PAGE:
These are American Bartenders School techniques for preparing mixed drinks recipes, building, stirring and shaking. These techniques are the same ones that our students learn in the bartending school class.
These cocktail drink videos show the proper technique and explain when and why cocktail drink recipes are either shaken, stirred or build. Learn how to make hundreds of popular mixed drink recipes at American Bartenders School. Read the reviews posted online by our students and call to become a bartender today!
How to Shake a Cocktail
Fill the cocktail shaker half way ice and add the cocktail ingredients. Close the shaker firmly, and hold it with your right hand wrapped around the top and your left hand cradling the bottom. Raise the shaker over your shoulder and shake hard until the drink is chilled, 10 to 15 seconds. Strain it into a glass—a good shake will leave a layer of very fine ice shards on the surface of the drink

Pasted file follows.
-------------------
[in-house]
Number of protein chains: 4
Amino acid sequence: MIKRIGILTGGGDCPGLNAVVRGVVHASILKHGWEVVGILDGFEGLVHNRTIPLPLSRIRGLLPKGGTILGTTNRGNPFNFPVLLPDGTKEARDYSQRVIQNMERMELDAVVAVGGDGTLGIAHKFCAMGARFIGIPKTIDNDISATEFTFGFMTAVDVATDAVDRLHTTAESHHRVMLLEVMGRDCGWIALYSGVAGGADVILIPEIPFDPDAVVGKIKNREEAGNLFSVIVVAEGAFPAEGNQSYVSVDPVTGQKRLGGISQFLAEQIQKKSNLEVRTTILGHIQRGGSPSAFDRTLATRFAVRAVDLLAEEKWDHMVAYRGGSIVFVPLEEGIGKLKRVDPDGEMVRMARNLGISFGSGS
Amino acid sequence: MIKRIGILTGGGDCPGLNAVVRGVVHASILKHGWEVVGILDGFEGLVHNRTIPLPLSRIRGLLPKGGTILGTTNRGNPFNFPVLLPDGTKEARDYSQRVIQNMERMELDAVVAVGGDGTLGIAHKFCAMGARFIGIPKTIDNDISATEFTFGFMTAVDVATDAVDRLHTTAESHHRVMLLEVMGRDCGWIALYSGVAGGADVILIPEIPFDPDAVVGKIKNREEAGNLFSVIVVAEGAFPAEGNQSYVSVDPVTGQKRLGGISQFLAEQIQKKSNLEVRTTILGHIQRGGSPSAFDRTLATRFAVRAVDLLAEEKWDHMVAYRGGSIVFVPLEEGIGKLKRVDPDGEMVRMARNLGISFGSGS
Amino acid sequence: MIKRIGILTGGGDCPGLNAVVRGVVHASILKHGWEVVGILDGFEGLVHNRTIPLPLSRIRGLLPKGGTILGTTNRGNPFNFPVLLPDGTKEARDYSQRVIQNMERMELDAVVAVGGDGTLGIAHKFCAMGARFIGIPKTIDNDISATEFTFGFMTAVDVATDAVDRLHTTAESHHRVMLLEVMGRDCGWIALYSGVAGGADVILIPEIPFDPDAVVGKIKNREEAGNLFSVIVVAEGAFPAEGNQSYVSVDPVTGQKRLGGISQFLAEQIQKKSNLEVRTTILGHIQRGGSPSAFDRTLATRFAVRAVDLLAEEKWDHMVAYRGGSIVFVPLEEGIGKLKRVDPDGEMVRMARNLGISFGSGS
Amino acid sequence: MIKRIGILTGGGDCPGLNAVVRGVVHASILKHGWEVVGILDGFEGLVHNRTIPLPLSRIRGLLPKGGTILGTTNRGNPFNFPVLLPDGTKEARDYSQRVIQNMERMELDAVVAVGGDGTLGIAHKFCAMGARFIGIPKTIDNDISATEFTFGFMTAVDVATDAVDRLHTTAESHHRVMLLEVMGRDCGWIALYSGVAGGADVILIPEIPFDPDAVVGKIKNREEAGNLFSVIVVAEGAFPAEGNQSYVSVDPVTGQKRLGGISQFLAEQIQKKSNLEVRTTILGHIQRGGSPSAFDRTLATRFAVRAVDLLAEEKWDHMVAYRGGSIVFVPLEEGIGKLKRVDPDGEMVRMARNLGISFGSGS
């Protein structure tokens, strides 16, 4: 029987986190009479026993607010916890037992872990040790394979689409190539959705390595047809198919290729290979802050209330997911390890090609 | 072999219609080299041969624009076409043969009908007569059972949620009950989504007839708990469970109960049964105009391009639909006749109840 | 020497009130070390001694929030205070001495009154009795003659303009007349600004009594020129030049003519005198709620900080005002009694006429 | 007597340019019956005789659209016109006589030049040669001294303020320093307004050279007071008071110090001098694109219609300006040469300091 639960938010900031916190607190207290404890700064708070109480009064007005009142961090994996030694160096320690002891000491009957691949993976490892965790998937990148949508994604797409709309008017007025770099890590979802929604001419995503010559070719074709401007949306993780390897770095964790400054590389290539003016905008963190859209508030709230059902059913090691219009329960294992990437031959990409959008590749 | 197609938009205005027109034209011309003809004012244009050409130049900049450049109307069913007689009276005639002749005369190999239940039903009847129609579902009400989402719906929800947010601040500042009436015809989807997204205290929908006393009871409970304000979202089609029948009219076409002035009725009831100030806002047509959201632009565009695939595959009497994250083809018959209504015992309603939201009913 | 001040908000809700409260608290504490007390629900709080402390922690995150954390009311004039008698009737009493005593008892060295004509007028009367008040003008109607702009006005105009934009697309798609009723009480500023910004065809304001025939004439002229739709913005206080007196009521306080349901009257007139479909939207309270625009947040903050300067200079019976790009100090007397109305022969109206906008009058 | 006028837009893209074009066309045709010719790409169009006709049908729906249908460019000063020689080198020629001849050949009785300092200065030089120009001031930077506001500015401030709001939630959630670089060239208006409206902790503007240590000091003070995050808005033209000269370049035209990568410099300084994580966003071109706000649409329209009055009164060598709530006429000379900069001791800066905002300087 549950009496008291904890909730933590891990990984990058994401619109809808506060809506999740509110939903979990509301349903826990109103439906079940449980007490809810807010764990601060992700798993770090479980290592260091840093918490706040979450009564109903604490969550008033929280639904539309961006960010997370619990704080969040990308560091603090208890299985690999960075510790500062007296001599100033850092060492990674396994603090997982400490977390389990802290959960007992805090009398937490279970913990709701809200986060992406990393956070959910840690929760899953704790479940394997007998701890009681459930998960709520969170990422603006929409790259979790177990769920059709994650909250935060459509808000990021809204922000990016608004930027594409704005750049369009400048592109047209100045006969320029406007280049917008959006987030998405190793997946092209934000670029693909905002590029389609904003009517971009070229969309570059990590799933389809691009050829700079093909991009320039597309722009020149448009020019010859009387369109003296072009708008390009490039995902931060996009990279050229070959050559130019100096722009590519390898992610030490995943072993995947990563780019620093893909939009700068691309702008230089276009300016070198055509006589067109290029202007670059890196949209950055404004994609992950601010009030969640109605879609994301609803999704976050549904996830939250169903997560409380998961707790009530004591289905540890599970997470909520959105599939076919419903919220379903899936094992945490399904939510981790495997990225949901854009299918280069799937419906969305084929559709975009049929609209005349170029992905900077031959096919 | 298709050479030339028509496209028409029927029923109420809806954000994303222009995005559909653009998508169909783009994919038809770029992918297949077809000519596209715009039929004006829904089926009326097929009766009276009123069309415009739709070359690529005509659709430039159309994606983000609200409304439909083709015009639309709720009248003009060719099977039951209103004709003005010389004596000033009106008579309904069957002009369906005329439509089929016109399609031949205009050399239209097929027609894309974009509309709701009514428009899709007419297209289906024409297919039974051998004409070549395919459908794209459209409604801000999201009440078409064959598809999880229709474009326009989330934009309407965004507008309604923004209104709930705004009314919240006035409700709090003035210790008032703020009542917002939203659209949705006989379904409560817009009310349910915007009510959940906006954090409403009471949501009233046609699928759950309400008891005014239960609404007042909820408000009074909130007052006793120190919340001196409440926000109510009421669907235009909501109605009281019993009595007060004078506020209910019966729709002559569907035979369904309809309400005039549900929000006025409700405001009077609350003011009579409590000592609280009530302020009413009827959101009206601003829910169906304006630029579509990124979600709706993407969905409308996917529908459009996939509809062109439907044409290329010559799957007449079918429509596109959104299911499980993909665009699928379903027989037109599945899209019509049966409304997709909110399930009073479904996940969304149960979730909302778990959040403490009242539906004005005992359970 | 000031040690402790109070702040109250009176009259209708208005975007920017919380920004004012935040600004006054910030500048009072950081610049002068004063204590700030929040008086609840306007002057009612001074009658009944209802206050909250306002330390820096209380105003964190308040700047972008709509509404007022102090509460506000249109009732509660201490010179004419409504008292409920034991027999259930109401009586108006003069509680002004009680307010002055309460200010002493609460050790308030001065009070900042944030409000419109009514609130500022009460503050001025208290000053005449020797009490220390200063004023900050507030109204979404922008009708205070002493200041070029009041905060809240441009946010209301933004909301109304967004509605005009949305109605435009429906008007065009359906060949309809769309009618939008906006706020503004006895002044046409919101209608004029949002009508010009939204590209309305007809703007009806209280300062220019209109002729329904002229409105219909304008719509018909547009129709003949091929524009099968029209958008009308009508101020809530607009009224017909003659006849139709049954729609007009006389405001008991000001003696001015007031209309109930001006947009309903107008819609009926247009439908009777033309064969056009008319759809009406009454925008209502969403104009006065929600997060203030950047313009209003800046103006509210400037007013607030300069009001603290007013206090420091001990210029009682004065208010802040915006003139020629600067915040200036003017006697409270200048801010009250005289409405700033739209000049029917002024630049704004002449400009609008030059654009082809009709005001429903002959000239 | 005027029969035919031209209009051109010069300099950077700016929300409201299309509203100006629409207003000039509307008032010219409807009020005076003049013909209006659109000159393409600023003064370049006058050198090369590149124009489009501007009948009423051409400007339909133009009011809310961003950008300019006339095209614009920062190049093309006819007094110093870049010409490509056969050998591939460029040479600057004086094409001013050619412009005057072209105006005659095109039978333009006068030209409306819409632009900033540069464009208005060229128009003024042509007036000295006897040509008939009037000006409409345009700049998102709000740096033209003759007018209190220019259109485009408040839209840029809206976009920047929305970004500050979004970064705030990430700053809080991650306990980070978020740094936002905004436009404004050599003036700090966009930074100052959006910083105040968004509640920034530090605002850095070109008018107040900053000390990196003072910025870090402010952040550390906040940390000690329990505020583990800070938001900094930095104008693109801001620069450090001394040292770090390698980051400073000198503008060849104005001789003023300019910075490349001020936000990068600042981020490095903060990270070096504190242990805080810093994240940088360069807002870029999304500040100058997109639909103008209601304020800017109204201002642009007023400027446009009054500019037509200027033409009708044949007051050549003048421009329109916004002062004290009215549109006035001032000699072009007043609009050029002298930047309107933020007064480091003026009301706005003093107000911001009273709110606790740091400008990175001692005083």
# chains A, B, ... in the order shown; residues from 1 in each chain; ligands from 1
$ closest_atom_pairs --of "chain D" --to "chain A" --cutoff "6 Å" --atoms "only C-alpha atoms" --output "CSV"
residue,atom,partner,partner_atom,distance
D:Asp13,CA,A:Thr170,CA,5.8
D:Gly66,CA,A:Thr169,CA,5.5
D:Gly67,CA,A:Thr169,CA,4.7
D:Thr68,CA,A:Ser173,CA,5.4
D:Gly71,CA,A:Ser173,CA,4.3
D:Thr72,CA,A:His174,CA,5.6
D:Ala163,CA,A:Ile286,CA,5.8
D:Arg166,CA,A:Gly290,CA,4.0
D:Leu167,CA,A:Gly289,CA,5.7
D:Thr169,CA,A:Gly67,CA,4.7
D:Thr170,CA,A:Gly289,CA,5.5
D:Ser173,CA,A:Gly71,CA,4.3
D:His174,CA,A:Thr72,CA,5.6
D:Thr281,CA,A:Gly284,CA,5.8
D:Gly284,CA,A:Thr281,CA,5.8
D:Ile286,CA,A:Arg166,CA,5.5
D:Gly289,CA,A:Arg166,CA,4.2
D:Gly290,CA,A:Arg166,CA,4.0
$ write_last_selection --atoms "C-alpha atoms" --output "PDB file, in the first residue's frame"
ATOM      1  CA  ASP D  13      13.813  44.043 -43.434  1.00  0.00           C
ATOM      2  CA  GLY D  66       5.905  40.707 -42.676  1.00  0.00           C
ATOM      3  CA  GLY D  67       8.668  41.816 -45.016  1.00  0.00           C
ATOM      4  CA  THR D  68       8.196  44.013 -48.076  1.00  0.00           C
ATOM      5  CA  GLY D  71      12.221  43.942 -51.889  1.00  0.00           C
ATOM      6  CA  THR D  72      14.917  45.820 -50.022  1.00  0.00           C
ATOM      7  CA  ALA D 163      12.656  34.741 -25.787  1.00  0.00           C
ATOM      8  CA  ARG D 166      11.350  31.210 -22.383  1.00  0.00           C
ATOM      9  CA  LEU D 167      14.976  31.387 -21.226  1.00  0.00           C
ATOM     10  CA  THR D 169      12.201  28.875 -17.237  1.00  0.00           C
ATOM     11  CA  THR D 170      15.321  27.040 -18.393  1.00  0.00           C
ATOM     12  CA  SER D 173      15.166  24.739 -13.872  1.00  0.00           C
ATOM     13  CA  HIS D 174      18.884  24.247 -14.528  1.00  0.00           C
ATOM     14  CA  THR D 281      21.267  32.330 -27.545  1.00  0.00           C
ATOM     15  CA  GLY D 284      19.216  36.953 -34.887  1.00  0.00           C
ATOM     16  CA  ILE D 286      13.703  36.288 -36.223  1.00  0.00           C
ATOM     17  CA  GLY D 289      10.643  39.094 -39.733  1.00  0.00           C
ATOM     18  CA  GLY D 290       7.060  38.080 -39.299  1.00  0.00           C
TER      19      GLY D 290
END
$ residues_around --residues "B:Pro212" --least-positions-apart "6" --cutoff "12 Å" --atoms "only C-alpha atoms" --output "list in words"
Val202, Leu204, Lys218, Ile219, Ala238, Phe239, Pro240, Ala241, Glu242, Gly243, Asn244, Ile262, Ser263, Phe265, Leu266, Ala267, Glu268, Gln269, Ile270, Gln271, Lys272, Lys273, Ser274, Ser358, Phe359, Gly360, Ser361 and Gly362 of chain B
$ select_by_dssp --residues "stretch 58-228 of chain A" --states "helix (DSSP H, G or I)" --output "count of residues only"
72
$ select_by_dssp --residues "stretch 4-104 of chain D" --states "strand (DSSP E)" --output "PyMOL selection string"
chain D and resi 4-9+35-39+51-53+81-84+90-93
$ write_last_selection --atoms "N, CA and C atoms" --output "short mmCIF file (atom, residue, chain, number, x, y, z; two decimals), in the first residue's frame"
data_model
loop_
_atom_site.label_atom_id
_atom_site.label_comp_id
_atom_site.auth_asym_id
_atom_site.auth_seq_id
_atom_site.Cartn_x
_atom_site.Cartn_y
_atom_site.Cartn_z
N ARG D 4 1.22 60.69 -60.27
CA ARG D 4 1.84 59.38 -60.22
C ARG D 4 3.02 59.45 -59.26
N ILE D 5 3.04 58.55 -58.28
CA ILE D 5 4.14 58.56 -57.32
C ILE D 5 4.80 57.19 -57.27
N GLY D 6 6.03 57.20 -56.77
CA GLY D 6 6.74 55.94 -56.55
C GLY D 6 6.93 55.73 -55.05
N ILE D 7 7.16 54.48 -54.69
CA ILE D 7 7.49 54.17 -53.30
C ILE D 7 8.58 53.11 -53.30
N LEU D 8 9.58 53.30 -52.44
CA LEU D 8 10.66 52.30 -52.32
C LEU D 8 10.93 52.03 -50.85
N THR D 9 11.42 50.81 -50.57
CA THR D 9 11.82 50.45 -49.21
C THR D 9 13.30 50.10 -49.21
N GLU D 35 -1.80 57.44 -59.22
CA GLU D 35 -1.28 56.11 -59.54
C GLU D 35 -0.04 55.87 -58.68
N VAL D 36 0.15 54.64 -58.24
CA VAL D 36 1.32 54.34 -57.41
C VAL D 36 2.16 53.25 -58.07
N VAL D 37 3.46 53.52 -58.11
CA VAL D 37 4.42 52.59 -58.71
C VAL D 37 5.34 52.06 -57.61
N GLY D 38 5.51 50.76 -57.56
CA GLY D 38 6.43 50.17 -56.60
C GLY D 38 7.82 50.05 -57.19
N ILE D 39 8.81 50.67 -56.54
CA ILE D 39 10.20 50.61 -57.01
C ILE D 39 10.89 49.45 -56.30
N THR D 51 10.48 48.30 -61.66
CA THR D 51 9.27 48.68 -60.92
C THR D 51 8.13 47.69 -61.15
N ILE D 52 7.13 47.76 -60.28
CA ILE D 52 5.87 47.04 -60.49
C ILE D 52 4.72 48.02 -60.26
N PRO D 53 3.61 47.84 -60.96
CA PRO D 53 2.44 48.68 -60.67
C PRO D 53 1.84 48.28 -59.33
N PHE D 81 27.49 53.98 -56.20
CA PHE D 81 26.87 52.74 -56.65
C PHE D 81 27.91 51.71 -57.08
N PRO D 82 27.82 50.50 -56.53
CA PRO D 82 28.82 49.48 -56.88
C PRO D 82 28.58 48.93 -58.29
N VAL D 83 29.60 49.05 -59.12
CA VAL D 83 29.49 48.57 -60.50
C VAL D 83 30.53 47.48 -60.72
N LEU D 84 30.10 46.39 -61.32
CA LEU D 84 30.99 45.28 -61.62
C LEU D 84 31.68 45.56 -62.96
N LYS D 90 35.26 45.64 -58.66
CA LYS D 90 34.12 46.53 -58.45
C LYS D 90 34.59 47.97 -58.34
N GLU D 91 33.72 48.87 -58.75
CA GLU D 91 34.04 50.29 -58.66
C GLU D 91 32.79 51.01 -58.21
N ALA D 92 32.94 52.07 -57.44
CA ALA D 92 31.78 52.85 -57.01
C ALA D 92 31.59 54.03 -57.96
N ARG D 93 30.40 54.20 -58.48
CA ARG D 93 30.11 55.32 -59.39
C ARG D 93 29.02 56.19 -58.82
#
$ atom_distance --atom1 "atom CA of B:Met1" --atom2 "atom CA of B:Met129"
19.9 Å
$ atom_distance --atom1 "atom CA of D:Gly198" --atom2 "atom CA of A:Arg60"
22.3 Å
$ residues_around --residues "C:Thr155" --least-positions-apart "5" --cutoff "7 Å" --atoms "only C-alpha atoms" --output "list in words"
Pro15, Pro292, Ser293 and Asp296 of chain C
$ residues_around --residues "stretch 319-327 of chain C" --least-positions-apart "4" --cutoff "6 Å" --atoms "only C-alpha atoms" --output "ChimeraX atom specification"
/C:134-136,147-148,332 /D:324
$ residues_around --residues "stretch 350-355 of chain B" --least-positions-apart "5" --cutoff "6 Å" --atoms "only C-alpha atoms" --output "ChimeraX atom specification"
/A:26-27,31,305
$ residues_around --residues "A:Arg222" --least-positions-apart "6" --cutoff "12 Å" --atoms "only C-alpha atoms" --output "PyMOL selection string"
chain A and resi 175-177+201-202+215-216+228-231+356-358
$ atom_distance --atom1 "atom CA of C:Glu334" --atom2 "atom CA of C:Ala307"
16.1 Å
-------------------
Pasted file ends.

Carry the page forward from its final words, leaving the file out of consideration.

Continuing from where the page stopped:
How to Stir a Cocktail
Fill a mixing glass half way with ice. Add liquors and other cocktail ingredients. Hold a bar spoon at the top of the twisted part of the shaft between your thumb and first two fingers.Twirl the bar spoon 10 to 15 time gently mixing the ingredients.
How to Build a Cocktail
Fill a glass with ice. Pour liquor of choice first over ice. Add additional liquors or mixes. Add sip stick to gently stir ingredients.Strain the ingredients into a stemmed cocktail glass with out the ice.
How to Layer a Cocktail
- Pour into the required glass the heaviest liquid first.
- Place a bar spoon (or teaspoon) upside down into the glass against the edge.
- Slowly pour the next heaviest liqueur over the back of the spoon.
- Continue with each liqueur, ending with the lightest.
Learn how to make hundreds of popular mixed drink recipes at American Bartending Schools free video bartending school.
|Jigger: A two sided measuring tool with different measures on each side. They come in various sizes.
|Muddler: Use for trashing fruit, or condiments,etc